The saying is that ‘one person’s waste is another person’s treasure’. The original intention of industrial symbiosis was to create relationships resulting in waste-to-input linkages, mimicking natural systems and moving industry towards a circular economy. In practice, waste-to-feedstock remain an important component of IS, but other symbiotic collaboration around energy, water, and even business services like transportation have also emerged.
Industrial symbiosis is also catalyzing industry-led innovation, and has become an entry point for businesses to pursue product, technology and process design and re-design, including incorporating design for environment and biomimicry principles.
Photo: Peter Laybourn, NSIP-UK Founder, EUR-ISA Launch, Nov 2013
Industrial symbiosis marks a fundamental shift in the industrial system away from traditional and often environmentally and socially harmful productive systems toward a circular model of consumption and production that more fully accounts for factors beyond just the bottom line. Industrial symbiosis has now been endorsed by the EU and the Global Green Growth Forum as a key platform for advancing a sustainable economy.
Connecting Industry and Creating Opportunity
Light House Sustainable Building Centre is facilitating the creation of the National Industrial Symbiosis Program (NISP) – Canada, a national network to catalyze industrial symbiosis in 3-5 cities, as part of Cities for People. NISP-Canada, like the international programs on which it is modeled, will help to systematically and strategically establish these relationships of exchange with benefits that include stimulating innovation, strengthening business competitiveness, reducing costs, diversifying revenue streams, and more efficiently and effectively managing resources.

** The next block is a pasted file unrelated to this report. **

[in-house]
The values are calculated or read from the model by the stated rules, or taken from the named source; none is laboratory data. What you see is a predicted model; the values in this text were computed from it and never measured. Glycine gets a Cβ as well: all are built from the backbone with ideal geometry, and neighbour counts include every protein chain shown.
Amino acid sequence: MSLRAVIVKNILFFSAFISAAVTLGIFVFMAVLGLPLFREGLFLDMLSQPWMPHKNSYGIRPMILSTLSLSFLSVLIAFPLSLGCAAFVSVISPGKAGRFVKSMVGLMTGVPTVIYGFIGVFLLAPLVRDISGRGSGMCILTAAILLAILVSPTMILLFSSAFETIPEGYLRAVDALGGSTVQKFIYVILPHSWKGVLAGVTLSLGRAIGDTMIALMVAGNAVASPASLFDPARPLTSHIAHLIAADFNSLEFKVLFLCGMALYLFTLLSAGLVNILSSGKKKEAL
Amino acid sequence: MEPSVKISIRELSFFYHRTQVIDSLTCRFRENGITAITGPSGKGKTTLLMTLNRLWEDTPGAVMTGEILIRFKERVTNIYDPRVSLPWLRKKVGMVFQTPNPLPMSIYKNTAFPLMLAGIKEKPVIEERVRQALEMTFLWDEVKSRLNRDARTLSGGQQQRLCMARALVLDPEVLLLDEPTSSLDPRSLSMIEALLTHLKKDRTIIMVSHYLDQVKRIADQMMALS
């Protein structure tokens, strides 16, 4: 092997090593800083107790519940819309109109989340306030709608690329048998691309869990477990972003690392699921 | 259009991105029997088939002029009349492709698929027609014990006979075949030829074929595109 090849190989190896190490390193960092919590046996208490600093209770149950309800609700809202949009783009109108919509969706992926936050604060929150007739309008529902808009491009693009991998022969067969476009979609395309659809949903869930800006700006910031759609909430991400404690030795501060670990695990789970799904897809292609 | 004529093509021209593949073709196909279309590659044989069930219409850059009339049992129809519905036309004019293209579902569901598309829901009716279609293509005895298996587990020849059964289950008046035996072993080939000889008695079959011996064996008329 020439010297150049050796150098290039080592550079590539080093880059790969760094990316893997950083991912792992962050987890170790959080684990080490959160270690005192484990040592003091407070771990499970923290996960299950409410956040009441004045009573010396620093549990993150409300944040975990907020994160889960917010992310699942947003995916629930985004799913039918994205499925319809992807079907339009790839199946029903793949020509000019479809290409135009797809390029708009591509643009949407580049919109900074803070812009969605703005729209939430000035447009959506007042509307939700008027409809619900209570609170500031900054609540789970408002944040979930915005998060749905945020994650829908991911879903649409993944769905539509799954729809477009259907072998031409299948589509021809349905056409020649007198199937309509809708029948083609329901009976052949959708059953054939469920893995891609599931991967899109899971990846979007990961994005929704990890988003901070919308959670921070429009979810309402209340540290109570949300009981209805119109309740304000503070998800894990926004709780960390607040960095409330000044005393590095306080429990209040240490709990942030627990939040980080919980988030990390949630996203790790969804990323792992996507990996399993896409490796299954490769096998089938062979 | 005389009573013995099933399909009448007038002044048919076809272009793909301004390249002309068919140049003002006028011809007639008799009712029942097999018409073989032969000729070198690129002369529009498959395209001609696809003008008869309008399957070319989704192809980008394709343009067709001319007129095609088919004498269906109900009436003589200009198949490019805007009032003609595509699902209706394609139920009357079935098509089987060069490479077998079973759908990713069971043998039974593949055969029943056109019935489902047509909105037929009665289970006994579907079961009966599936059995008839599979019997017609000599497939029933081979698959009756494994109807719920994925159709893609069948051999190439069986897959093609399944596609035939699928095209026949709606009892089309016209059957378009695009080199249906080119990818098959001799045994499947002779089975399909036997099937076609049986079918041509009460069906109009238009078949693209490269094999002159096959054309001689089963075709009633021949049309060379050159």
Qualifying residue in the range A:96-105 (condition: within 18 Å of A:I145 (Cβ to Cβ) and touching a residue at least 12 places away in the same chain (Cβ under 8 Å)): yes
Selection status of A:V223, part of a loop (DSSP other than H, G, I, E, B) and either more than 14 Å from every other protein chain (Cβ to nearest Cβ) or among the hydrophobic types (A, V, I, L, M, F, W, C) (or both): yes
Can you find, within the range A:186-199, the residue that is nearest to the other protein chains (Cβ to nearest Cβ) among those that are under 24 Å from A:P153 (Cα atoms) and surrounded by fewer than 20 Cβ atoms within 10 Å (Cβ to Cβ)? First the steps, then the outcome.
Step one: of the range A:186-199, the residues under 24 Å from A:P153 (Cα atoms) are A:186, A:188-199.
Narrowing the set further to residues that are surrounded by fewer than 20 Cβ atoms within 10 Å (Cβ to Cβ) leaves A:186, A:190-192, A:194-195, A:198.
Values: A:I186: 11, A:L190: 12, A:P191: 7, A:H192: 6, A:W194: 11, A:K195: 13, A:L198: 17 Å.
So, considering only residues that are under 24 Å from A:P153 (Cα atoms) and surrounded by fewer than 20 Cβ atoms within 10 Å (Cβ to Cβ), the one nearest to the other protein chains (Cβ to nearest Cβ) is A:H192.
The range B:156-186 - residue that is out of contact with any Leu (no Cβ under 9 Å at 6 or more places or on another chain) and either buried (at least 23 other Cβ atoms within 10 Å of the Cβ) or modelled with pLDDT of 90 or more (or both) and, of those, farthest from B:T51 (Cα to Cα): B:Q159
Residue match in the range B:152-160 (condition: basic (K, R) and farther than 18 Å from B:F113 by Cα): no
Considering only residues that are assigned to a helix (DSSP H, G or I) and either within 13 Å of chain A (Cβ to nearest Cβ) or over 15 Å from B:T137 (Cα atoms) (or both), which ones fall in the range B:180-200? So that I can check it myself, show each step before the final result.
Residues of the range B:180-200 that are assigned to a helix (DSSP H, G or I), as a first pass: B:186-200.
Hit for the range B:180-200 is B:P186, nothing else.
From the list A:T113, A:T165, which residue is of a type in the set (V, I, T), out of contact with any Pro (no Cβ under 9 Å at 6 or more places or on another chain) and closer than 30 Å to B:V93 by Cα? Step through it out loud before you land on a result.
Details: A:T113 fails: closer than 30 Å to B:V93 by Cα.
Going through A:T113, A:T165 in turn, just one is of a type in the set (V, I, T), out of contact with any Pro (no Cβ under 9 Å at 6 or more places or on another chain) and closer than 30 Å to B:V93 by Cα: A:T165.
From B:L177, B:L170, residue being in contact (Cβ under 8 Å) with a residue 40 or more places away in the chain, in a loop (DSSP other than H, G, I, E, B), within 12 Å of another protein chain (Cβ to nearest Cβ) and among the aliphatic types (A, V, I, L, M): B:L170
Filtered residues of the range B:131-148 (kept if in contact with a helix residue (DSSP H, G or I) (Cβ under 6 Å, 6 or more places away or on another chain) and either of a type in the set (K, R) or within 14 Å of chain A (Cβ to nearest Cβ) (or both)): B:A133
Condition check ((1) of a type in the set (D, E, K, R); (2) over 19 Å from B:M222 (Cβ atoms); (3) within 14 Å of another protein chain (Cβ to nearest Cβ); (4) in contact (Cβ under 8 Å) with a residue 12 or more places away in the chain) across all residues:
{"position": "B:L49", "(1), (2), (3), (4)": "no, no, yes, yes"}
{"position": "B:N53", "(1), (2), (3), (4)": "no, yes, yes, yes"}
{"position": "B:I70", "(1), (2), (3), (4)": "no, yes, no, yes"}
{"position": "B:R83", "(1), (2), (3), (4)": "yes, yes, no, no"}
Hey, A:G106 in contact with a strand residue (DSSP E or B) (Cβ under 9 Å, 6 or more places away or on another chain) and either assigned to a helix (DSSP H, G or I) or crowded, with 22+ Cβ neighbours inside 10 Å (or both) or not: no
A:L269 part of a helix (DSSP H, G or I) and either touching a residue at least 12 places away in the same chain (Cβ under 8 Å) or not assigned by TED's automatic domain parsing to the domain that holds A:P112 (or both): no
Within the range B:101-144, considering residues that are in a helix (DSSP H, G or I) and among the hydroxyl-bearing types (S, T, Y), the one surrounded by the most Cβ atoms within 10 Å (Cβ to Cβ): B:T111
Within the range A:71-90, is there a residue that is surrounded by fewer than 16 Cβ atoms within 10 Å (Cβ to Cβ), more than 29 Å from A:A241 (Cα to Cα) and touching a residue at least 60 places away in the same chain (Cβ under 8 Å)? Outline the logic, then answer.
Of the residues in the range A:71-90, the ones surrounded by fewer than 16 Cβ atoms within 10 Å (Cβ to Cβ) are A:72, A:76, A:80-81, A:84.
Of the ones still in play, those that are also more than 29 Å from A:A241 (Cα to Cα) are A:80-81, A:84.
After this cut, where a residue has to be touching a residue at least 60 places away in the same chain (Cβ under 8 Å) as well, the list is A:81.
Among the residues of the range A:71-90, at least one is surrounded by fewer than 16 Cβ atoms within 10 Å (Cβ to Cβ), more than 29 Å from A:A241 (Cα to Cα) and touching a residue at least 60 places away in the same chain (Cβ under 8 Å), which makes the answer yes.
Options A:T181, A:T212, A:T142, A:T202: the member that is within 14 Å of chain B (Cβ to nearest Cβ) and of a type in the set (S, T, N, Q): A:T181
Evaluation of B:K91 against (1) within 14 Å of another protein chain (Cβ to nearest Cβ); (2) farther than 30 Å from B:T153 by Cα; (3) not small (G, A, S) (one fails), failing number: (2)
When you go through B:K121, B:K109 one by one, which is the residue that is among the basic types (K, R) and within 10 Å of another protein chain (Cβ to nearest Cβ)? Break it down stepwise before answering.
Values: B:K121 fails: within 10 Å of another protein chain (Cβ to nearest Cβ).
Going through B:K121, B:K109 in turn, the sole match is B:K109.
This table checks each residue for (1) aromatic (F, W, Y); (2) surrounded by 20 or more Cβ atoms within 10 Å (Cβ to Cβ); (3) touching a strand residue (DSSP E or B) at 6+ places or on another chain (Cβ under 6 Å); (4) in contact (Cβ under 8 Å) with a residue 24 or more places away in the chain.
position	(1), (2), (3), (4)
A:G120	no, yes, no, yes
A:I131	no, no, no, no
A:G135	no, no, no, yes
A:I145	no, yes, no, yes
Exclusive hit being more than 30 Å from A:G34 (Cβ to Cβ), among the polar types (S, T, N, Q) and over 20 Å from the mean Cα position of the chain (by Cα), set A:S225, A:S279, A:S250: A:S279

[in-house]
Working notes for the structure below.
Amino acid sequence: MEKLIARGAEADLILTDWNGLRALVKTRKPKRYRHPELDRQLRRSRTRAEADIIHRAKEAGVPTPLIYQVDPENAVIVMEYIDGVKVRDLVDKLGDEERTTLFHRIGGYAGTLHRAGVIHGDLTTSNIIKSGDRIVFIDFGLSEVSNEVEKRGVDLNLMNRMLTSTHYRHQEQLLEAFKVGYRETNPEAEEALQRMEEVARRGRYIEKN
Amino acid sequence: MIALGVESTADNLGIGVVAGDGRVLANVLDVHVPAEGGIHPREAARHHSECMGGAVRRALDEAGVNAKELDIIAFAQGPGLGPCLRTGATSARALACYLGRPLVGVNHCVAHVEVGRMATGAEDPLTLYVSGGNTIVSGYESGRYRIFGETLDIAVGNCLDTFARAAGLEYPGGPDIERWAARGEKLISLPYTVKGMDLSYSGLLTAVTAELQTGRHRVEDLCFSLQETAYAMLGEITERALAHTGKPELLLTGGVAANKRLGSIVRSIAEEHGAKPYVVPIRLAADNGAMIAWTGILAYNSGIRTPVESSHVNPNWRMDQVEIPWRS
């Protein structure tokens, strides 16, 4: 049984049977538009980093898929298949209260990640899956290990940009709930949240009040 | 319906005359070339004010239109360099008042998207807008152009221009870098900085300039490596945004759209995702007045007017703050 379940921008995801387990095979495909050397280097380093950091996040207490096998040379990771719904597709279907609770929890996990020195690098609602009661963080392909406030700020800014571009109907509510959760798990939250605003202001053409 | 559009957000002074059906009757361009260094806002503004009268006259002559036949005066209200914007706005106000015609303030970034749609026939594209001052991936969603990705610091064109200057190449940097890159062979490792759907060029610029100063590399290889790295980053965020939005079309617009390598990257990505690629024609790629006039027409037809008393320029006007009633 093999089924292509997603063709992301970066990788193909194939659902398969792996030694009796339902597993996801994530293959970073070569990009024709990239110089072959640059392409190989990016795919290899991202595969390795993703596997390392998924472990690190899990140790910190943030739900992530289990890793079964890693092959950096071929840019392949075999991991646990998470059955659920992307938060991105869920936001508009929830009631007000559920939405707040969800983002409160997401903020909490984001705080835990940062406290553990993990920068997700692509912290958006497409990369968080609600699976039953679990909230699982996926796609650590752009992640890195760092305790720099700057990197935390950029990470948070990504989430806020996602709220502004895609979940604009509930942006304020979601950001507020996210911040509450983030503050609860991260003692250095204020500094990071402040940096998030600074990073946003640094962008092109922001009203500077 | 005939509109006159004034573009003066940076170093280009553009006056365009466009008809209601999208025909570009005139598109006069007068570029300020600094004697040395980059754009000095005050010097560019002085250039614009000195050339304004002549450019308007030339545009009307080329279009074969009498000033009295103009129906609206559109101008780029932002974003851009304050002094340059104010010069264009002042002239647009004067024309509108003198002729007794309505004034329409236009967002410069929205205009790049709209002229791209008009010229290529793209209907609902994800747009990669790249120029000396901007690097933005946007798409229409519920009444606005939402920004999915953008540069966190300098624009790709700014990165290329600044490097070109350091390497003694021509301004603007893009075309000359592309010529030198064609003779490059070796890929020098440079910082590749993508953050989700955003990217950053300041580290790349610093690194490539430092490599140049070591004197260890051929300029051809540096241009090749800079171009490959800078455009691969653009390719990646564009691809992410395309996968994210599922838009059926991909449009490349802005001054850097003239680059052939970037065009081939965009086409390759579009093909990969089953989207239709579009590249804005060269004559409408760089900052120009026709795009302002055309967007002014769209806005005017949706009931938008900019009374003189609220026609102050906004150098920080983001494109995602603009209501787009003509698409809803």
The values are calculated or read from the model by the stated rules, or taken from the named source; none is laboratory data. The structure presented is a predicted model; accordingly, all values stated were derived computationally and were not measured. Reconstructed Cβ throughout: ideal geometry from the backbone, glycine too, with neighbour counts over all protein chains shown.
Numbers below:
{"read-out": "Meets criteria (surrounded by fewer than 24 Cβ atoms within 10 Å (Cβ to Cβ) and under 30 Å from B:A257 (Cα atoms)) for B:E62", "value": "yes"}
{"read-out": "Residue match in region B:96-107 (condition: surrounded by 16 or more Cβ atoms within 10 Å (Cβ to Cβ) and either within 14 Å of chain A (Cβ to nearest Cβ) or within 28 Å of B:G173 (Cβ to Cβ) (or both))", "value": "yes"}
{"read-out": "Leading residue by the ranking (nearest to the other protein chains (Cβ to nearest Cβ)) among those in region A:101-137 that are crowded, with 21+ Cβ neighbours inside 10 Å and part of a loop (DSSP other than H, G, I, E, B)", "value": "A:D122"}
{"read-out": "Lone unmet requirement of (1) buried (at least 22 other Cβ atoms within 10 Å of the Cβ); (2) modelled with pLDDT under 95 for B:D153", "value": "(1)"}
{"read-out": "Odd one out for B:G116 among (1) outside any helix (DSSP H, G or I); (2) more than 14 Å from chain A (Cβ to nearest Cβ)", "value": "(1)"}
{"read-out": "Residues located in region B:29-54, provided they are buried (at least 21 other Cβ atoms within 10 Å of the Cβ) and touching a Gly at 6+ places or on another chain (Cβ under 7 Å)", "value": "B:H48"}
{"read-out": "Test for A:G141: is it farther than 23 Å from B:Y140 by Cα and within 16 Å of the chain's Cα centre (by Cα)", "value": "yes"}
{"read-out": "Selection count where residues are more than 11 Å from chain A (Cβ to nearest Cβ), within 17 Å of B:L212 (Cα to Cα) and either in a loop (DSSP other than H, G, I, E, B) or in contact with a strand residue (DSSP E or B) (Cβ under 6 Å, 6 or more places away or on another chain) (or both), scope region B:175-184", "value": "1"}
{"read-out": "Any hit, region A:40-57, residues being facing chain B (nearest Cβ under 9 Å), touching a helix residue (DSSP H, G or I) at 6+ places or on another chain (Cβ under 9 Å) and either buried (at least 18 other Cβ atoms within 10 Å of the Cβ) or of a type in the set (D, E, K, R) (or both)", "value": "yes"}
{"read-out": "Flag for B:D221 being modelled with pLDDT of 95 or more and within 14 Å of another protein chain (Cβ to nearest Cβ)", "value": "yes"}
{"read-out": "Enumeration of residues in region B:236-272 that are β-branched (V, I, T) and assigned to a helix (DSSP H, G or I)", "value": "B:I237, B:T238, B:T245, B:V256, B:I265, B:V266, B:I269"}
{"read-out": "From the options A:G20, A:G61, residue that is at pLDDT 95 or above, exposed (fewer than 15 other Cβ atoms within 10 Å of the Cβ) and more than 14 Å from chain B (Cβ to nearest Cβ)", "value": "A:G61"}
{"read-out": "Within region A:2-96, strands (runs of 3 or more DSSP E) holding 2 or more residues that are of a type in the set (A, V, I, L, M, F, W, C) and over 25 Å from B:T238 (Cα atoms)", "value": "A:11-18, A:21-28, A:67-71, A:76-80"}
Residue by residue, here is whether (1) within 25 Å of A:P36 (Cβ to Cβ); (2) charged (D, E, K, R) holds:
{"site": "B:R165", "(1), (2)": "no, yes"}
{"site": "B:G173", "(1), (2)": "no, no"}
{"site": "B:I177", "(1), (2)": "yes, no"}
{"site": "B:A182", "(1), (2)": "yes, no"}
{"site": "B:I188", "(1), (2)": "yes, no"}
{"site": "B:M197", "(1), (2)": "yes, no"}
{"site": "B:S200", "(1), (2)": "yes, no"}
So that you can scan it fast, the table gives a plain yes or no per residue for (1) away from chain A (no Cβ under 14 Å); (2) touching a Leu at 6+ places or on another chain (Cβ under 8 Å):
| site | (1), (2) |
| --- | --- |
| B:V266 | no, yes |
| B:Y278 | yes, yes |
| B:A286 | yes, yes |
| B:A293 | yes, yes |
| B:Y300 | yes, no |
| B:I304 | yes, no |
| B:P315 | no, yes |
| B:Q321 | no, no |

The target regions are across Canada including: Metro Vancouver, Metro Toronto, Alberta Capital Region, Greater Montreal, Edmonton and Halifax Region. The launch is taking place at the GLOBE 2014 Conference in March 2014, and involves NISP-UK founder, Peter Laybourn.
In Canada, smaller, community-centred industrial symbiosis projects, such as the Strathcona Business Improvement Association (SBIA)’s Green Zone and the False Creek Flats Green Enterprise Initiative, are also identifying impacts of greater social cohesion at the community level, employment of hard-to-hire and marginalized populations in delivering the exchanged material, and central engagement of the arts as economic actors, communicators and connectors.
Industrial symbiosis links supports the following outcomes:
Marginalized communities are engaged through meaningful work in the green economy;
Resources flow through the economy with less waste and more re-purposing;
Materials are sourced locally for a lower carbon footprint;
New models are tested for sustainable purchasing;
Artists and arts practitioners are engaged as economic actors re-purposing materials and as key connectors and storytellers.
You can support NISP Canada in one of the following ways:
- Provide a letter of support for the program
- Promote NISP Canada to your network
- Provide meeting space for participants in your region
- Provide additional financial support for our 3 year pilot
NISP Canada is generously supported by a grant from The J. W. McConnell Family Foundation as part of Cities for People, collaborative experiments in making cities better.
Photo credits: National Industrial Symbiosis Programme